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Logan v. Clemmons

United States District Court, M.D. Florida, Jacksonville Division

November 6, 2019

M.C. CLEMMONS et al., Defendants.



         I. Status

         Plaintiff, James Alexander Logan, is proceeding on a pro se civil rights complaint under 42 U.S.C. § 1983 (Doc. 1; Compl.) against the following individuals at Suwannee Correctional Institution (SCI): M.C. Clemmons, Warden; F. W. Mock, Assistant Warden; Melissa L. Comerford, Head of Classification; C. McGee, Captain; D. Spreadly, Sergeant; C. Edward, Lieutenant; and C. Morgan, Sergeant. See Compl. at 3, 5-6. Plaintiff alleges Defendants violated the Eighth Amendment by failing to protect him from an inmate attack, failing to intervene during the attack, or “by conspiring to help kill [him].” Id. at 7. Before the Court is Defendants' joint motion to dismiss (Doc. 54; Motion). Plaintiff has responded (Doc. 55; Resp.). Accordingly, the motion is ripe for this Court's review.

         II. Motion Standard

         In ruling on a motion to dismiss, the Court must accept the factual allegations set forth in the complaint as true. Ashcroft v. Iqbal, 556 U.S. 662, 678 (2009). Additionally, the complaint allegations must be construed in the light most favorable to the plaintiff. Gill as Next Friend of K.C.R. v. Judd, ___F.3d___, No. 17-14525, 2019 WL 5304078, at *2 (11th Cir. Oct. 21, 2019). When a plaintiff proceeds pro se, the court must liberally construe the allegations. See Haines v. Kerner, 404 U.S. 519, 520-21 (1972); Bingham v. Thomas, 654 F.3d 1171, 1175 (11th Cir. 2011). However, “the tenet that a court must accept as true all of the allegations contained in a complaint is inapplicable to legal conclusions[, ]” which simply “are not entitled to [an] assumption of truth.” Iqbal, 556 U.S. at 678, 680. The plaintiff must allege “enough facts to state a claim to relief that is plausible on its face.” Bell Atlantic Corp. v. Twombly, 550 U.S. 544, 570 (2007).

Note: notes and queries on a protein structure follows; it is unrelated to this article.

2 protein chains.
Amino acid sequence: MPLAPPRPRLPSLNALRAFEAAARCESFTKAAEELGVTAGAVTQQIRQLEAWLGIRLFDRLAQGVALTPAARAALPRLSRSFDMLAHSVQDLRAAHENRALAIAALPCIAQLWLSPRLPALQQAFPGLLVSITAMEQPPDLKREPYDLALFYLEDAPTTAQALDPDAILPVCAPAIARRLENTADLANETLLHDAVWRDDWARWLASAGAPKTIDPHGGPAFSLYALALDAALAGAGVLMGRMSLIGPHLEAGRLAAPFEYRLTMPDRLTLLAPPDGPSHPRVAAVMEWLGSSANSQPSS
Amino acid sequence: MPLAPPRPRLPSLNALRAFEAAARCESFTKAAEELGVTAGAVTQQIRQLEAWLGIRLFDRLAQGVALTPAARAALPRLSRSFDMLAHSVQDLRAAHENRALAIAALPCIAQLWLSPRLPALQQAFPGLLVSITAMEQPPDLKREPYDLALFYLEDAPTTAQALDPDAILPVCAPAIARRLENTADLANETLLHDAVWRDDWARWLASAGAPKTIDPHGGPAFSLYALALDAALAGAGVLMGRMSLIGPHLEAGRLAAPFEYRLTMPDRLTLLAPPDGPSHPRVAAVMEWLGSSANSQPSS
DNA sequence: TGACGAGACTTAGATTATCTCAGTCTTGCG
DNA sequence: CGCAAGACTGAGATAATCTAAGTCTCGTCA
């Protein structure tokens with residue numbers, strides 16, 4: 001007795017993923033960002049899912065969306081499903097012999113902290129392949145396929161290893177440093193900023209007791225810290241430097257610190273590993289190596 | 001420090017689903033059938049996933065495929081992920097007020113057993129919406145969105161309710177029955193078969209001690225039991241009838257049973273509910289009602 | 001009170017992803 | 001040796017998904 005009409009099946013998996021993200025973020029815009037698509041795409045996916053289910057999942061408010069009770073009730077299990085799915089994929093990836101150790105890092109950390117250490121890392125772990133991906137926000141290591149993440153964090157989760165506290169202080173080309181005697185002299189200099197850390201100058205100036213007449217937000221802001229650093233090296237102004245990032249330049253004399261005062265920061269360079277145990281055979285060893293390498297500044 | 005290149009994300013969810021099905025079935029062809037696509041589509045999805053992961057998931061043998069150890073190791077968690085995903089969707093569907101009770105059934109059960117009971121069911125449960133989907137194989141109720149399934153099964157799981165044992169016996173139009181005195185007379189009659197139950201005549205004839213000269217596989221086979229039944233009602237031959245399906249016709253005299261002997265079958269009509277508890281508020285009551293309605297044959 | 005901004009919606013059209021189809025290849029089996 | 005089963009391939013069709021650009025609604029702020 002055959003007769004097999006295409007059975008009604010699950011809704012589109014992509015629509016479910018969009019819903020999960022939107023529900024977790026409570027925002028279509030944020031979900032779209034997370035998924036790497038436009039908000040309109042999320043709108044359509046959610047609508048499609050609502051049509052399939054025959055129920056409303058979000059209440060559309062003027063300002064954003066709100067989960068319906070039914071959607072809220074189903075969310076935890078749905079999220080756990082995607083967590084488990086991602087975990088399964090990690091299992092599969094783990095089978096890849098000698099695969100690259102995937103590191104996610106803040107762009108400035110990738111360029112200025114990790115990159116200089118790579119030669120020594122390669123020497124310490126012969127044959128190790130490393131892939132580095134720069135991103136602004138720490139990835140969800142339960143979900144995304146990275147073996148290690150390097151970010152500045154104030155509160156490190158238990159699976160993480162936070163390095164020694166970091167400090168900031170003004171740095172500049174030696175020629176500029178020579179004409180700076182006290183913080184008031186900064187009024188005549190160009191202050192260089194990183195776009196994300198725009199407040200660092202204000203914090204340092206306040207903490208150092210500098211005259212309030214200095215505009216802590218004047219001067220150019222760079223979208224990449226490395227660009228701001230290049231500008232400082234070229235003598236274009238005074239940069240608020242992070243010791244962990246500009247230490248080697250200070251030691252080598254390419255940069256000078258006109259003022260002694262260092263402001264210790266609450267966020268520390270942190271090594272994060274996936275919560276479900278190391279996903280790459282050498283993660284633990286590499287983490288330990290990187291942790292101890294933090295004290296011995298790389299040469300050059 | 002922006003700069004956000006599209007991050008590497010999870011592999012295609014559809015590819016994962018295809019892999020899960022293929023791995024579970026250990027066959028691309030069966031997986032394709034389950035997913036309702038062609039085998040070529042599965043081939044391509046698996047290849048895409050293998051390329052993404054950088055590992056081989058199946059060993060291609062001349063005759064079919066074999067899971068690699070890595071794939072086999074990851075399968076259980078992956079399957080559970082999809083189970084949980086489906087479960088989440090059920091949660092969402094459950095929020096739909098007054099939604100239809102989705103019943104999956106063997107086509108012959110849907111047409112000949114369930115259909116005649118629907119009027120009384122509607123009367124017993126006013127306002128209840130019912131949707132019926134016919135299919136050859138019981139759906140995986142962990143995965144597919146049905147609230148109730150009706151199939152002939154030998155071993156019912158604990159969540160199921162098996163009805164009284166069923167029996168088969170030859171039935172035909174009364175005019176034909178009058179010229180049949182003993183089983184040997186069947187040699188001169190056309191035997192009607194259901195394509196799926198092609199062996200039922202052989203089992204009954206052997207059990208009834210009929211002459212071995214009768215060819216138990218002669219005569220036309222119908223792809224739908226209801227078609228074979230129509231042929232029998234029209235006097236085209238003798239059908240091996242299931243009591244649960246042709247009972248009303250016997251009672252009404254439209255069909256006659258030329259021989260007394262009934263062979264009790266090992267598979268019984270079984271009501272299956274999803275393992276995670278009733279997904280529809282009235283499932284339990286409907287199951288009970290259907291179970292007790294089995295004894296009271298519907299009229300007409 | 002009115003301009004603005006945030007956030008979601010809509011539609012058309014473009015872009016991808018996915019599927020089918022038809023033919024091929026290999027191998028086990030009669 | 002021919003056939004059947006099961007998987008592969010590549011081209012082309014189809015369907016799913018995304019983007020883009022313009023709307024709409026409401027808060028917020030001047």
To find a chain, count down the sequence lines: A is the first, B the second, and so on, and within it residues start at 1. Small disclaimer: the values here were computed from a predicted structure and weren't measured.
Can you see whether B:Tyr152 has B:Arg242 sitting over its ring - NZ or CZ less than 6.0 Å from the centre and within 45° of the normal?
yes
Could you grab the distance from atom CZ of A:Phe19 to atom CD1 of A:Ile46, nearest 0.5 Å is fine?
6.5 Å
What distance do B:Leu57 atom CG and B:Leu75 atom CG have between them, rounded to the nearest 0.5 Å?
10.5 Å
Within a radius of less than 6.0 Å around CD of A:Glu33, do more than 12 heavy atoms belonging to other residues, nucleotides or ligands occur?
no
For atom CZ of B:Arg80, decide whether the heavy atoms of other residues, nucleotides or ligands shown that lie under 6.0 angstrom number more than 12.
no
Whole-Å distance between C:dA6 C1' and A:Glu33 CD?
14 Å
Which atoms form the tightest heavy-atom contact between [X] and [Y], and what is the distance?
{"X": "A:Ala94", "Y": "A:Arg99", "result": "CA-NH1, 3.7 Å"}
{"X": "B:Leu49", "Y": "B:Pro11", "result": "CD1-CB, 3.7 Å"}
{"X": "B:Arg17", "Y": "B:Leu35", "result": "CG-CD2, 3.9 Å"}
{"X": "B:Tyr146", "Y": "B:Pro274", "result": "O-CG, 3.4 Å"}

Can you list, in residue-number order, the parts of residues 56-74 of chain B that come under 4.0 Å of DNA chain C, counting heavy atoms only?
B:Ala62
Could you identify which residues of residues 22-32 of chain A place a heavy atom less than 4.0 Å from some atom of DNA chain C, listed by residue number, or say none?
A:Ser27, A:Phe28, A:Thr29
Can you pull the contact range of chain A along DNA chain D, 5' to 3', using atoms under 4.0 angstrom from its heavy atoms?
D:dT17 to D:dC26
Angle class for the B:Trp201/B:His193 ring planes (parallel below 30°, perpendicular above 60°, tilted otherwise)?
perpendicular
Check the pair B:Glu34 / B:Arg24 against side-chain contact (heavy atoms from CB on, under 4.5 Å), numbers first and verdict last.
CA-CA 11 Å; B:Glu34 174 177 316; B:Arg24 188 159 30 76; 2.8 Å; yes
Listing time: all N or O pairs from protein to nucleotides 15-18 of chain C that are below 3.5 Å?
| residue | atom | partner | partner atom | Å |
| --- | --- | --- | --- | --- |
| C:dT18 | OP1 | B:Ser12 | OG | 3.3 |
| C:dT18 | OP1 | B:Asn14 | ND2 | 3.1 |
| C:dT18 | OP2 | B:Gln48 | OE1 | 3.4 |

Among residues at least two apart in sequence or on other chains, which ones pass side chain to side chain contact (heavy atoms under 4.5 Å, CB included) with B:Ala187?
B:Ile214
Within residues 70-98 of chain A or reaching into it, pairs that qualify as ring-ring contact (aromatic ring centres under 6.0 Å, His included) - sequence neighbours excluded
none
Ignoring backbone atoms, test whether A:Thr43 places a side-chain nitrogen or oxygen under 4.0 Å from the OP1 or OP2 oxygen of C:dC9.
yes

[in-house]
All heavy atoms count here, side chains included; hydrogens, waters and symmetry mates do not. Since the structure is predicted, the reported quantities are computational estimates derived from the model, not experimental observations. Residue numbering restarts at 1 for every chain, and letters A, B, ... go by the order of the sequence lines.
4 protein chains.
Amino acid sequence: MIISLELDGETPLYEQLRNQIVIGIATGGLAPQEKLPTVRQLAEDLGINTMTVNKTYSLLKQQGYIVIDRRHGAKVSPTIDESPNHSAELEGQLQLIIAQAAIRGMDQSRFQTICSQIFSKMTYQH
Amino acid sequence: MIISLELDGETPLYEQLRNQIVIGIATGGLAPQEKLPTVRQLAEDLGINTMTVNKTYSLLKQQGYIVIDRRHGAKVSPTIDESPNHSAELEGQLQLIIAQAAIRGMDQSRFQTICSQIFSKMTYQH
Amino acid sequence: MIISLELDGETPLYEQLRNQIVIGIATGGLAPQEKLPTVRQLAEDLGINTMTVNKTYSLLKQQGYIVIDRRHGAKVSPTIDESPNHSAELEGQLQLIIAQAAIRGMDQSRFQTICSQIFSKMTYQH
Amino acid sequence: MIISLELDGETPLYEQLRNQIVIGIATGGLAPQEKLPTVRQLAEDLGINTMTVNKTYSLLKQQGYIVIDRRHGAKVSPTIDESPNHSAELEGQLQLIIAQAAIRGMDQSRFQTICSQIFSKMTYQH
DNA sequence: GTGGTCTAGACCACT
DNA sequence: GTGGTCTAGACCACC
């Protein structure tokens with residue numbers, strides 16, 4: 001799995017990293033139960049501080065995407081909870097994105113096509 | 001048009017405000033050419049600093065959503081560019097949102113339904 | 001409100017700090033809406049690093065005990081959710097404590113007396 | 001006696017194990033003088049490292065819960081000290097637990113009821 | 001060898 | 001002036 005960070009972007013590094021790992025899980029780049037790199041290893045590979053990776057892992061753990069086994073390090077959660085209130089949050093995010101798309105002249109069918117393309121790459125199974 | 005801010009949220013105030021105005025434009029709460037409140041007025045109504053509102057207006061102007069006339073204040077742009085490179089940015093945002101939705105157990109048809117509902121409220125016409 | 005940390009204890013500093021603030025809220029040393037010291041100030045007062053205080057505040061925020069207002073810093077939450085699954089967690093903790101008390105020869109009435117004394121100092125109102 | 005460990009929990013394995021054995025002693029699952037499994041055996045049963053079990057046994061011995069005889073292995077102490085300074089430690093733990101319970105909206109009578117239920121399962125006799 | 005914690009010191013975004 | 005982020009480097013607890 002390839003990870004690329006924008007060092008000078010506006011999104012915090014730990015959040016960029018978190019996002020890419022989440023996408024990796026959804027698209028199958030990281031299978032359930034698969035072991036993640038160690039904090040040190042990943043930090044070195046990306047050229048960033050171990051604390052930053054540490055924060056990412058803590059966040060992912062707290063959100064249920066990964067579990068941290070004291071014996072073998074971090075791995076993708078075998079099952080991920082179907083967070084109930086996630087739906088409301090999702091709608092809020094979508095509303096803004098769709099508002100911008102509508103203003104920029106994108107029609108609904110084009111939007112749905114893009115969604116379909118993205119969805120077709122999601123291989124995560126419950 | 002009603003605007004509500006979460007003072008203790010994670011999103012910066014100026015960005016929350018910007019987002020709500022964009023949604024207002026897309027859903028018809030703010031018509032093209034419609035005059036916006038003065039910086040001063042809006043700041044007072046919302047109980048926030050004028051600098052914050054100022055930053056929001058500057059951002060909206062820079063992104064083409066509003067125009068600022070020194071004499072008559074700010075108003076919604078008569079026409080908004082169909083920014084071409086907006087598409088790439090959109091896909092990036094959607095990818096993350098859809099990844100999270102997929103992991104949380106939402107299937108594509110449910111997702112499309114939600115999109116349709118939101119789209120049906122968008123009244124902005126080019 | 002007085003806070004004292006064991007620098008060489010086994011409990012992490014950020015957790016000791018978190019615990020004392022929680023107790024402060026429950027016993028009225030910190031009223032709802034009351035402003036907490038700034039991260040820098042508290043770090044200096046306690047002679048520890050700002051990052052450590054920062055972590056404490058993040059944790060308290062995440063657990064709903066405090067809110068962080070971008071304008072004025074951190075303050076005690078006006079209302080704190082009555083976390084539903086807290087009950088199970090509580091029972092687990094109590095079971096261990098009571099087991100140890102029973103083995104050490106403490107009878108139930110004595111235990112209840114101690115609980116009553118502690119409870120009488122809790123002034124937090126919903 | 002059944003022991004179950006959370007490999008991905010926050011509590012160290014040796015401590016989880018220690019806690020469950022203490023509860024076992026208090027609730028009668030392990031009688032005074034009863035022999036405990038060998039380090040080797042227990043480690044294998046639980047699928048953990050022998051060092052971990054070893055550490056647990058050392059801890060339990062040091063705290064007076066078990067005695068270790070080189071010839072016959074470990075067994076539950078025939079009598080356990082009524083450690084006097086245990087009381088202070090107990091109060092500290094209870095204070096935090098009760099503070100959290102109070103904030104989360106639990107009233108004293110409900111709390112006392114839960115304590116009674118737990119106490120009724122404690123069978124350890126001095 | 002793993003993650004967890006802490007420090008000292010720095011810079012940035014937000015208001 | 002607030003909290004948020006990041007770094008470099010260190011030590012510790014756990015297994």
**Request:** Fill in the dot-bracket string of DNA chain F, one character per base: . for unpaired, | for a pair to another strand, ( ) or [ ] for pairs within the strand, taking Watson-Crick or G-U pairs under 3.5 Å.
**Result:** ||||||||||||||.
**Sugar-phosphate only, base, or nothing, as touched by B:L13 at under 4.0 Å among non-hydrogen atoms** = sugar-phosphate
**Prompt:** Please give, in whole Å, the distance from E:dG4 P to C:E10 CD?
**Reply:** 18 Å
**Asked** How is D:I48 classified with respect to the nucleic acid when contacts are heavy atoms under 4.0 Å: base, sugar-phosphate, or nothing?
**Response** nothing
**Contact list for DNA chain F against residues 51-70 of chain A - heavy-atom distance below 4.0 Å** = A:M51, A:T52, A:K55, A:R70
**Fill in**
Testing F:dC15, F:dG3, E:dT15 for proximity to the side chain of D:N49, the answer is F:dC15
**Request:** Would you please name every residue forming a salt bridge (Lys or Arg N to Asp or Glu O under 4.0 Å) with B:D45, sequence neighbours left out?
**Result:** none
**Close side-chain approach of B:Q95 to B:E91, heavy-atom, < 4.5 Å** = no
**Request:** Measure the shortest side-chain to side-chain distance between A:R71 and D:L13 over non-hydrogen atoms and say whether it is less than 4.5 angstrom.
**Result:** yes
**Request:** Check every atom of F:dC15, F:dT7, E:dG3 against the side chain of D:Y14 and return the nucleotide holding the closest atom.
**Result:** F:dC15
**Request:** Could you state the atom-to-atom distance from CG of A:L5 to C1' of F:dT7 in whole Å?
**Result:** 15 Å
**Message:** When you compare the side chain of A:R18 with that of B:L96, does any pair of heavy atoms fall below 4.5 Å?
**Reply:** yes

Though detailed factual allegations are not required, Federal Rule of Civil Procedure 8(a) demands “more than an unadorned, the-defendant-unlawfully-harmed-me accusation.” Iqbal, 556 U.S. at 678. As such, a plaintiff may not rely on “[t]hreadbare recitals of the elements of a cause of action, supported by mere conclusory statements.” Gill, 2019 WL 5304078, at *2 (quoting Iqbal, 556 U.S. at 678). Rather, the well-pled allegations must nudge the claim “across the line from conceivable to plausible.” Twombly, 550 U.S. at 570. A plaintiff should allege enough facts “to raise a reasonable expectation that discovery will reveal evidence” supporting the plaintiff's claims. Id. at 556.

         III. Complaint Allegations[1]

         Plaintiff claims Defendants failed to protect him when his cellmate, a murderer and gang member, attacked him. Compl. at 7, 12. Plaintiff alleges that, on December 15, 2016, Defendant Spreadly approached his cell to speak with his cellmate, inmate Bank. Id. at 11. While Defendant Spreadly was at the cell, inmate Bank punched Plaintiff in his face. Id. Defendant Spreadly walked away “like he saw nothing.” Id. Plaintiff and inmate Bank then started fighting. Inmate Bank began “telling inmates to call [Defendant] Spreadly which inmates [were] blood game [sic] members and that he need [sic] a knife.” Id. Defendant Spreadly returned to the cell, apparently with gang member inmate Harris. Plaintiff asked Defendant Spreadly to let him out of the cell, but Spreadly refused to do so and again walked away, leaving inmate Harris at the cell. Id.

         After Spreadly left, inmate Harris slid a knife under the cell door to inmate Bank, who used the knife to stab Plaintiff in his chest, knee, and finger. Id. at 11-12. It is unclear whether Defendant Spreadly saw inmate Harris slide the knife to inmate Bank, or whether Defendant Spreadly knew inmate Harris had a knife. However, Plaintiff alleges that, after the attack, inmate Harris, in front of Defendant Spreadly, admitted to providing the knife to inmate Bank. Id. at 12. Plaintiff alleges Defendant Spreadly was deliberately indifferent to his safety by failing to intervene during the attack. Id. at 9, 13.